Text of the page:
The latest addition to the website’s “miss” library is Brigham v. Sun Life of Canada, 317 F.3d 72 (1st Cir. 2003). You can find it here. It’s not so much that the decision tells a paraplegic that he can go out and get a job. Or that the court effectively ignores uncontested affidavits from friends and family that Bradley Brigham couldn’t work in a full time position despite heroic efforts to overcome his physical limitations. It isn’t even so much that the court ignores the determination of the Social Security Administration that Brigham was disabled using a more stringent definition of disability than Sun Life’s insurance policy contained. It’s not even that the decision allows Sun Life to bootstrap itself into a deferential standard of review by boilerplate language requiring Brigham to prove his disability in a way “satisfactory” to Sun Life. All that is bad enough. The really terrible thing about this decision is the U.S Court of Appeals for the First Circuit’s refusal to provide any meaningful scrutiny to Sun Life’s denial in light of the insurer’s significant, inherent conflict of interest. Brigham concludes that if the insurer can provide any rationale explanation whatsoever to support its actions, the denial must be upheld. For a better analytical model for an insurer’s claim denials, take a look at Fought v. UNUM, 379 F.3d 997 (10th Cir. 2004). Fought is not alone in stating that an insurer’s conflict of interest requires courts to take a harder look at claim denials than they might in dealing with a truly impartial decision-maker. Indeed, the First Circuit is in the minority on this issue. If the judicial standard for reviewing an insurer’s claim denials is, for all practical purposes, nothing more than a rubber stamp, we’re all pretty much at the mercy of the whims of claims adjusters at a few of the largest corporations in the world when misfortune strikes. I’d like to think we can expect more protection than that from the judicial branch.
Brian: I agree with you that the a&c definition tilts too far in favor of the insurer. In addition to cutting costs, the a&c standard needs to also be viewed in the light of protecting plan participants' interests. I have seen several definitions of the a&c standard from various courts. They tend to focus on the idea of a reasonable decision, and not necesarily the most reasonable. I guess this can be equated to, what, one out of 5 people thinking it is reasonable; 1 out of 10, 1 out of 100? Basically, the opposing side needs to prove fraud, which, as you know, is very difficult to do. Don Levit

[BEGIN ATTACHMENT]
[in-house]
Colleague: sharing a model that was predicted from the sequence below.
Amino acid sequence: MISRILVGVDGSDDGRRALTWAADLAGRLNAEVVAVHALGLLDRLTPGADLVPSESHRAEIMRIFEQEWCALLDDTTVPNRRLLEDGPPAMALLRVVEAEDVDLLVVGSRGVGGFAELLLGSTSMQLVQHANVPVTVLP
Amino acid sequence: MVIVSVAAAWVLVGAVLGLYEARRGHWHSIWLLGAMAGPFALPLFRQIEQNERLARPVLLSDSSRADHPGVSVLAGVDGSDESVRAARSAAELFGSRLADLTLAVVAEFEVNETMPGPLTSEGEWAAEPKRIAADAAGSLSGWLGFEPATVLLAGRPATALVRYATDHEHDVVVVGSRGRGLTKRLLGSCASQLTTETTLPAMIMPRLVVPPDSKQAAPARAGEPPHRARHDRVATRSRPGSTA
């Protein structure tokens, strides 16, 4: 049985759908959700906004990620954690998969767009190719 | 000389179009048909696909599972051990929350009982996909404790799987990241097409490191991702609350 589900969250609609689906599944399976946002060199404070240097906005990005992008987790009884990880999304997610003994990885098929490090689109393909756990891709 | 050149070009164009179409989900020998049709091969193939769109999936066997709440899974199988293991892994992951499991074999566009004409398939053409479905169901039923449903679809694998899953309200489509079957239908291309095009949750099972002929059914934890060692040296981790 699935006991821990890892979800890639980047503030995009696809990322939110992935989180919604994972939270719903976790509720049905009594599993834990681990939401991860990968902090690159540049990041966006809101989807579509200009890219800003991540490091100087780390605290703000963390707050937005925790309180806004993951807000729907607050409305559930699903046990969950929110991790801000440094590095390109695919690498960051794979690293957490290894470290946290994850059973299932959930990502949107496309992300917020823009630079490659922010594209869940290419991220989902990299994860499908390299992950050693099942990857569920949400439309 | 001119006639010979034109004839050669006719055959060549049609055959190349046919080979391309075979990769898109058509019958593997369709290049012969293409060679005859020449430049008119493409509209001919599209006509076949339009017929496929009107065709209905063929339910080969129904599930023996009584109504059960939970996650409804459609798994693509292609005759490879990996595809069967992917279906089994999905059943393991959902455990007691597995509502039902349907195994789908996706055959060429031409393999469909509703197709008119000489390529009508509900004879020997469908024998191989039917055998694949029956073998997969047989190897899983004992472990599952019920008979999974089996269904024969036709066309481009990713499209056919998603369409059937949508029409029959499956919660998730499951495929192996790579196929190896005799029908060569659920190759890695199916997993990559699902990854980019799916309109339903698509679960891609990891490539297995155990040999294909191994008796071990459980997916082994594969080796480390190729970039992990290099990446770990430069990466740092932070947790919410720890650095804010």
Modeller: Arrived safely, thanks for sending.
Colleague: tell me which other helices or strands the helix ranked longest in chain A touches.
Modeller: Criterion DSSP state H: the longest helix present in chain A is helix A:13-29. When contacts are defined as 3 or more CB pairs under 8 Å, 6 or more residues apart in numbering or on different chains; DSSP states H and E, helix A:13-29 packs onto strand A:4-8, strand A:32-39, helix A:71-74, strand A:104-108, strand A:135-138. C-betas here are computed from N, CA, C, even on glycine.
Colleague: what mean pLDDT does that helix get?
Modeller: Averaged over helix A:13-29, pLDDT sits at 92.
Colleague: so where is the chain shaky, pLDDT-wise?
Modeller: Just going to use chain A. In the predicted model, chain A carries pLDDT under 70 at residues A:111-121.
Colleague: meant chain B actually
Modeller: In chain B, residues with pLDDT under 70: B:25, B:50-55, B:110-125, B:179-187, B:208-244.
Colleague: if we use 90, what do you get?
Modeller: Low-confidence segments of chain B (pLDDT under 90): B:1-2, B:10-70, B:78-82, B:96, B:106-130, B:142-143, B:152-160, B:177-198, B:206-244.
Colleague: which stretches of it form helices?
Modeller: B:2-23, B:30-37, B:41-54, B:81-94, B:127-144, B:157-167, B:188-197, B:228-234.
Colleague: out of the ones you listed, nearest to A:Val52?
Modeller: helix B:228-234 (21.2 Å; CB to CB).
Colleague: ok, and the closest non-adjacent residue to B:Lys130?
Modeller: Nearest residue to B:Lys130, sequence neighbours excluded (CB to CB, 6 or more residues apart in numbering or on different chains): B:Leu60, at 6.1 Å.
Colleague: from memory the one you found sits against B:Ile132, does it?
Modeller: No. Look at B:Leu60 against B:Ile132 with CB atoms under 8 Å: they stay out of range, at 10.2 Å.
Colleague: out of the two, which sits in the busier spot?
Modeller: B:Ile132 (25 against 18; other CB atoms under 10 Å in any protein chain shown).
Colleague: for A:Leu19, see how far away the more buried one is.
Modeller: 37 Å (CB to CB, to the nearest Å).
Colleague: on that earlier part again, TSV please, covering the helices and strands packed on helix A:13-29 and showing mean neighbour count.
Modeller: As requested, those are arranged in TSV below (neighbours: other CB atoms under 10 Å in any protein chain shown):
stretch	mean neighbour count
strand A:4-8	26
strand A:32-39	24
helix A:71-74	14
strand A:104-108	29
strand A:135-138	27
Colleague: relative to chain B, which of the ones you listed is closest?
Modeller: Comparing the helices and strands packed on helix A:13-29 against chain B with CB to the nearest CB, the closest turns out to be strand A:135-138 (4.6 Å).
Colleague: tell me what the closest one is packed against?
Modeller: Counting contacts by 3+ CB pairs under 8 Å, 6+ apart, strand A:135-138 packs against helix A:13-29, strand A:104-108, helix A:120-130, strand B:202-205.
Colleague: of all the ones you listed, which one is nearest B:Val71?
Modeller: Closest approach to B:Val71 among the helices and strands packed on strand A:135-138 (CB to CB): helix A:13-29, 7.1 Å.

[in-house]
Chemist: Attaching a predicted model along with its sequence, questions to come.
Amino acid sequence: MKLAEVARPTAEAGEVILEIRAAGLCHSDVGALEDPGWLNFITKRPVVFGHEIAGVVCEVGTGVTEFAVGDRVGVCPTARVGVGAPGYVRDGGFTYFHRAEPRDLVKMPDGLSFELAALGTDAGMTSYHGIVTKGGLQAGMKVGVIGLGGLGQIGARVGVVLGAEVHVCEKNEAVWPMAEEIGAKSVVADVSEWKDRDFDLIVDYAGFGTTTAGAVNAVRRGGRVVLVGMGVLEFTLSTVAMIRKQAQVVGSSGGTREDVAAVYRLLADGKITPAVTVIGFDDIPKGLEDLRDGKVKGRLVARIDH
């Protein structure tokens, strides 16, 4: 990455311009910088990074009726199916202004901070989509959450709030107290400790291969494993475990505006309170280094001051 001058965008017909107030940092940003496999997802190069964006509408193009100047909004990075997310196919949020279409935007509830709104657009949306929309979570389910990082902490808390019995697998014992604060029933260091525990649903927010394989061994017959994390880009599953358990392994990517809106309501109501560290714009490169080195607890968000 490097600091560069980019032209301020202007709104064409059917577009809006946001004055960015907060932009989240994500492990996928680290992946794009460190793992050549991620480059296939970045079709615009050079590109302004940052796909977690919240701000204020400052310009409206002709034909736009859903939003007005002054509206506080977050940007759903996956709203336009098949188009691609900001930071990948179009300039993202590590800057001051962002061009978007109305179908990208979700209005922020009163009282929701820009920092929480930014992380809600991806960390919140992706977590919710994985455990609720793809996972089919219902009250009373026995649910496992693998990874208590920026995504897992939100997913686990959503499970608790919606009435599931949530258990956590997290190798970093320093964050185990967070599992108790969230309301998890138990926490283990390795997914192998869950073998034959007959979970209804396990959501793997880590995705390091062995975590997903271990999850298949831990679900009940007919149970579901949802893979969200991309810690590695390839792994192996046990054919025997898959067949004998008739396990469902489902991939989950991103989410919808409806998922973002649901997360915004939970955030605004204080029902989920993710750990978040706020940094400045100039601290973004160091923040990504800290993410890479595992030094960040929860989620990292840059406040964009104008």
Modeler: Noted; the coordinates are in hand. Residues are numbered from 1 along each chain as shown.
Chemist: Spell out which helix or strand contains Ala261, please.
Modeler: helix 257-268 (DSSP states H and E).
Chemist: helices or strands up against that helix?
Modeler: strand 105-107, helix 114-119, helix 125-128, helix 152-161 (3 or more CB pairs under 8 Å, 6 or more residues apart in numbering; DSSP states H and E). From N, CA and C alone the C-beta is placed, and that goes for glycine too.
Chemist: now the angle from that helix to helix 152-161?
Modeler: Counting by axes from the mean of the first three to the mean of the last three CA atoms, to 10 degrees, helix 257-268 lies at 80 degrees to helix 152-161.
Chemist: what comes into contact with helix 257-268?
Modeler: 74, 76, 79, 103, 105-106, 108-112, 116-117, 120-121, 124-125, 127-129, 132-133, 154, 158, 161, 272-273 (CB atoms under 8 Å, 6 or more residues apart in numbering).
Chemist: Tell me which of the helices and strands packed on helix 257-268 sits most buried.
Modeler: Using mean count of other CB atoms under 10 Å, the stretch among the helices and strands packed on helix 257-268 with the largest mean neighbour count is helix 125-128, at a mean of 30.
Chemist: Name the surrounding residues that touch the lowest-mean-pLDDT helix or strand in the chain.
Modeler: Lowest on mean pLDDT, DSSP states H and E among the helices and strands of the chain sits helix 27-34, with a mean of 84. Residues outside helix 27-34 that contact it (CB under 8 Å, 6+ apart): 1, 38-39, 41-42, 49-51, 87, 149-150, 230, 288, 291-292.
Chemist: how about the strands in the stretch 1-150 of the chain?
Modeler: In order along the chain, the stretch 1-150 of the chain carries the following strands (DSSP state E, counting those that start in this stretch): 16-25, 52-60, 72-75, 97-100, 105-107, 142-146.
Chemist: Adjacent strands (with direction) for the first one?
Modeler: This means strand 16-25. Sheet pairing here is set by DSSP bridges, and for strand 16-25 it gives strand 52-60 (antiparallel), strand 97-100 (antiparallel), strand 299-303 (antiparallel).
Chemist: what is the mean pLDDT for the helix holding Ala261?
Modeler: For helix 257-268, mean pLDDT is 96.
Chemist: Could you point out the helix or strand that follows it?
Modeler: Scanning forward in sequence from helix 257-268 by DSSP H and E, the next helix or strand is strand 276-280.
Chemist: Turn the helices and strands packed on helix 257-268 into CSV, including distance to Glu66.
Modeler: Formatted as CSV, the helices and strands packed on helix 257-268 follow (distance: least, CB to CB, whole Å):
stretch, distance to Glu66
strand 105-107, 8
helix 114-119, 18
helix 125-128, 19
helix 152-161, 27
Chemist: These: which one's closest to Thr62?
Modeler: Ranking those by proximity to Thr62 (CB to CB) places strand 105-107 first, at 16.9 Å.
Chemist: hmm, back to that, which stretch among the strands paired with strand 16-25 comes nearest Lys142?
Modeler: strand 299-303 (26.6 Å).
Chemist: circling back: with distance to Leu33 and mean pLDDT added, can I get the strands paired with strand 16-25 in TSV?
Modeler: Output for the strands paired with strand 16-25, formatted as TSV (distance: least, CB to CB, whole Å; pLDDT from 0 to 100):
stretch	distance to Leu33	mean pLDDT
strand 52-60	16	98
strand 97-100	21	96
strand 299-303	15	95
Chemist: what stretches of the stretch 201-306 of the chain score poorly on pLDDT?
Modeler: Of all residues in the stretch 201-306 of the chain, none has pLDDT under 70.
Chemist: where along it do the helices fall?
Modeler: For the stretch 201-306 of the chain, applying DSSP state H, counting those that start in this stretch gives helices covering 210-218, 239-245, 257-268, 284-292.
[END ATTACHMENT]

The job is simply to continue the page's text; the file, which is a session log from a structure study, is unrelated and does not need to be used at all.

by Don Levit November 17, 2008 at 01:47 PM
No doubt, an A&C standard of review controls costs. But if it does so while allowing insurers to get out of paying meritorious claims, that's a problem. If controlling costs is the only goal, we should just allow insurers to deny every claim. But that would defeat the purpose of insurance. We both understand there must be a proper balance between giving the insurer the ability to weed out non-meritorious claims while at the same time not allowing its profit making orientation to override its obligation to pay claims that should be paid. I believe that an indiluted A&C standard of review tips the balance too far in favor or the insurer.
by Brian S. King November 17, 2008 at 01:47 PM
Brian: I read over those 2 cases. While I agree that the arbitrary and capricious standard gives the benefit of the doubt to the insurer, it does help control claims costs. One of those cases was over a disability policy that paid out "own occupation" benefits for 5 years. That is a very lenient provision, in that most disability policies I have seen pay out "own occ" benefits for only 2 years. At least in the court cases I have read, the judges seem to go in quite a bit of depth befire rendering a decision. This contrasts markedly with the state regulators I have talked to who don't seem too concerned about any conflicts between state and federal regulation of insurance. They think the savings clause somehow has priority over the deemer clause, as if the deemer clause didn't exist. Don Levit
by Don Levit November 17, 2008 at 01:47 PM
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